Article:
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Stop passing the buck on terror, Pakistan tells UK

You must be more sensitive to our difficulties in fighting Islamic extremism, says Foreign Minister

The British Government should stop "passing the buck" by repeatedly blaming Pakistan for home-grown terror plots targeted at the UK, the country's Foreign Minister has warned.

Shah Mahmood Qureshi said Pakistan could offer the West crucial help in ending the war in Afghanistan but stressed that, to achieve a lasting settlement in the region, Britain in particular, had to demonstrate "more sensitivity" to the political difficulties Pakistan faces in maintaining domestic support for its fight against Islamist extremism.

In an interview in London to The Independent, Mr Qureshi claimed recent military victories against the Taliban in the Swat Valley were a sign Pakistan was managing to "turn the tide" against the insurgency.

But in a sign of the frustration felt in Islamabad at being lectured to by Britain on the perceived failure to root out extremism, he delivered the blunt message: "We need to change the language."

The return of civilian government after years of military rule, and the commitment of President Asif Ali Zardari to ending militancy, had brought strong gains in the struggle to defeat jihadist groups, he said. For the first time, there was a "political ownership" of the war on extremism.

"We need to recognise the change that has come about in Pakistan," he said. "The problems we have are not solely of our creation. The rest of the world helped to create this menace; now we are saying, 'Help us to eradicate this menace, this evil'. If we are allies and friends we have got to work together. We need each other's co-operation but I do think we have to be more sensitive."

Such sentiments have emerged in briefings by unnamed officials before, but it is unusual for a high-ranking member of the Pakistani government to voice them so directly. Gordon Brown has claimed three-quarters of terror plots investigated by British intelligence originate in Pakistan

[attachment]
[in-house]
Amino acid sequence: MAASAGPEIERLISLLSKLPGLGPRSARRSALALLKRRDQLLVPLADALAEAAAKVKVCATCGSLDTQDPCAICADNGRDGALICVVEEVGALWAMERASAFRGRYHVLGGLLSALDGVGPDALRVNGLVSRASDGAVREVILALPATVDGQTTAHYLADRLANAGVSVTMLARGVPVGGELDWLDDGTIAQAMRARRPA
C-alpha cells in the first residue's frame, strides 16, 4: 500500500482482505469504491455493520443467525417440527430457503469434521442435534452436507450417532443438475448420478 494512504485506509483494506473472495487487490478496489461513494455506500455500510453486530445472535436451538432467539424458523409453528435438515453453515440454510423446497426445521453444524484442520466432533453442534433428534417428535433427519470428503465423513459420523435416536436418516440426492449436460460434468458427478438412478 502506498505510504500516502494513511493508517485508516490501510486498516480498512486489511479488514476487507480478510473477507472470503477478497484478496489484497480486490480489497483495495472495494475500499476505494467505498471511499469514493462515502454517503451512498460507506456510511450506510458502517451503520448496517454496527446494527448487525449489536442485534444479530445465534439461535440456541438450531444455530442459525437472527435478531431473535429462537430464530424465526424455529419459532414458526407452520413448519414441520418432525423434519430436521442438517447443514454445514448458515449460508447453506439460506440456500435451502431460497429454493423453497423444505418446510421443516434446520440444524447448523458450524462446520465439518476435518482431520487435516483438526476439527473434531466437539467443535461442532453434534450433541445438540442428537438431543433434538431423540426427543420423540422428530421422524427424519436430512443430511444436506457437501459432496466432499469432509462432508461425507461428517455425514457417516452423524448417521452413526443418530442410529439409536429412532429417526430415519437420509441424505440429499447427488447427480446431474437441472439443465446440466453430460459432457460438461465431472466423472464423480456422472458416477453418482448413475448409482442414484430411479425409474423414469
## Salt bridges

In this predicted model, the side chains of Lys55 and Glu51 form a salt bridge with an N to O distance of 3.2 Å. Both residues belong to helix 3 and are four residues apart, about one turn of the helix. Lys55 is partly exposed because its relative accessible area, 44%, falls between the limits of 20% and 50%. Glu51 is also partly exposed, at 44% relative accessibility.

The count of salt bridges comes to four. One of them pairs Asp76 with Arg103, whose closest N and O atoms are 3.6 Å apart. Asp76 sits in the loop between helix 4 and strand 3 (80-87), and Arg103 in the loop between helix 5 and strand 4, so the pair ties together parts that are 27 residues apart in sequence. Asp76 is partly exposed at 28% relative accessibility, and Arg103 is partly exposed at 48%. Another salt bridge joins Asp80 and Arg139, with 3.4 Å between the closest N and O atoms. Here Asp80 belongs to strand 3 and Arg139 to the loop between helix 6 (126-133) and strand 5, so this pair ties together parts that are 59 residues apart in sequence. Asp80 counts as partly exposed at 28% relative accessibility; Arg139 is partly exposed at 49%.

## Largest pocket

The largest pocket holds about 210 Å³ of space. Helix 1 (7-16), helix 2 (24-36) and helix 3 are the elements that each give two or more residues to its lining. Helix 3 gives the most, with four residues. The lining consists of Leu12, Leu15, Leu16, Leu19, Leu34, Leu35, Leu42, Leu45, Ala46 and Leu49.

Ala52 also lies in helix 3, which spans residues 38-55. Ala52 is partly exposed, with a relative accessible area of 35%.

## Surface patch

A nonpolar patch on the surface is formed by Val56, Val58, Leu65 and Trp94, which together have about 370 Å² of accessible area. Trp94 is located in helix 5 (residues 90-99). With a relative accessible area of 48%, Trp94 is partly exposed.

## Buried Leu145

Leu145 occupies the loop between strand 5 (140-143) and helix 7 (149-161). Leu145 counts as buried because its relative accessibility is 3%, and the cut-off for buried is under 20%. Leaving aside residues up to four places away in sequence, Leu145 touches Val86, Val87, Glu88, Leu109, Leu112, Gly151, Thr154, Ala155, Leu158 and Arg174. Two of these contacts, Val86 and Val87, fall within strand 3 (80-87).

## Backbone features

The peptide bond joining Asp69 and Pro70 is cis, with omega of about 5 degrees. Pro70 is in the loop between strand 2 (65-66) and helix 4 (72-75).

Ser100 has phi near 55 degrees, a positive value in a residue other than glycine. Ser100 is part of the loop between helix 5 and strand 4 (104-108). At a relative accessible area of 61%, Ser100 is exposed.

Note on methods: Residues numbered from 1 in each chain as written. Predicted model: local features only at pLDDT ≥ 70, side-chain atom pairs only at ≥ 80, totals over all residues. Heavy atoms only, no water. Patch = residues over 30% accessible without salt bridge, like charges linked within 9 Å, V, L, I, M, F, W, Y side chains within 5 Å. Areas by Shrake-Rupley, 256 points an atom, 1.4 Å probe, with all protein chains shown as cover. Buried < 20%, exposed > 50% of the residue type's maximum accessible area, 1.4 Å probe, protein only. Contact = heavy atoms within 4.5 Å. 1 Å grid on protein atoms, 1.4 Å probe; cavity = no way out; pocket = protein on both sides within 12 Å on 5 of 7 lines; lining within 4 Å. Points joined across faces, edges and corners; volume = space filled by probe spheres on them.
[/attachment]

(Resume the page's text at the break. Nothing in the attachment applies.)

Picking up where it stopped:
While the Foreign Secretary David Miliband recently softened the tone, there is still intense concern about "safe havens" in Pakistan's tribal belt which are largely off-limits to either the rule of Pakistani law or the reach of its army. The Afghan Taliban rely on such sanctuaries to regroup in their war against Nato, while al-Qa'ida uses them as bases for training camps.

The conviction in London this month of three al-Qa'ida "liquid bomb plotters" has revived alarm about the role of Pakistani training camps in grooming jihadists. But officials in Islamabad believe the criticism deflects attention from Britain's failure to shoulder its share of the reponsibility.

"It is easy to pass the buck", Mr Qureshi said, "but [the liquid bomb plotters] were British citizens. They went to school here, they are part of the British system, they live here. If they do something extraordinary is it fair that Pakistan should be blamed?" He acknowledged that Pakistan's military was not yet ready to deliver on US demands for a massive ground assault on South Waziristan, home to several pro-Taliban tribes and jihadist groups. But such an operation was "in the pipeline", he said.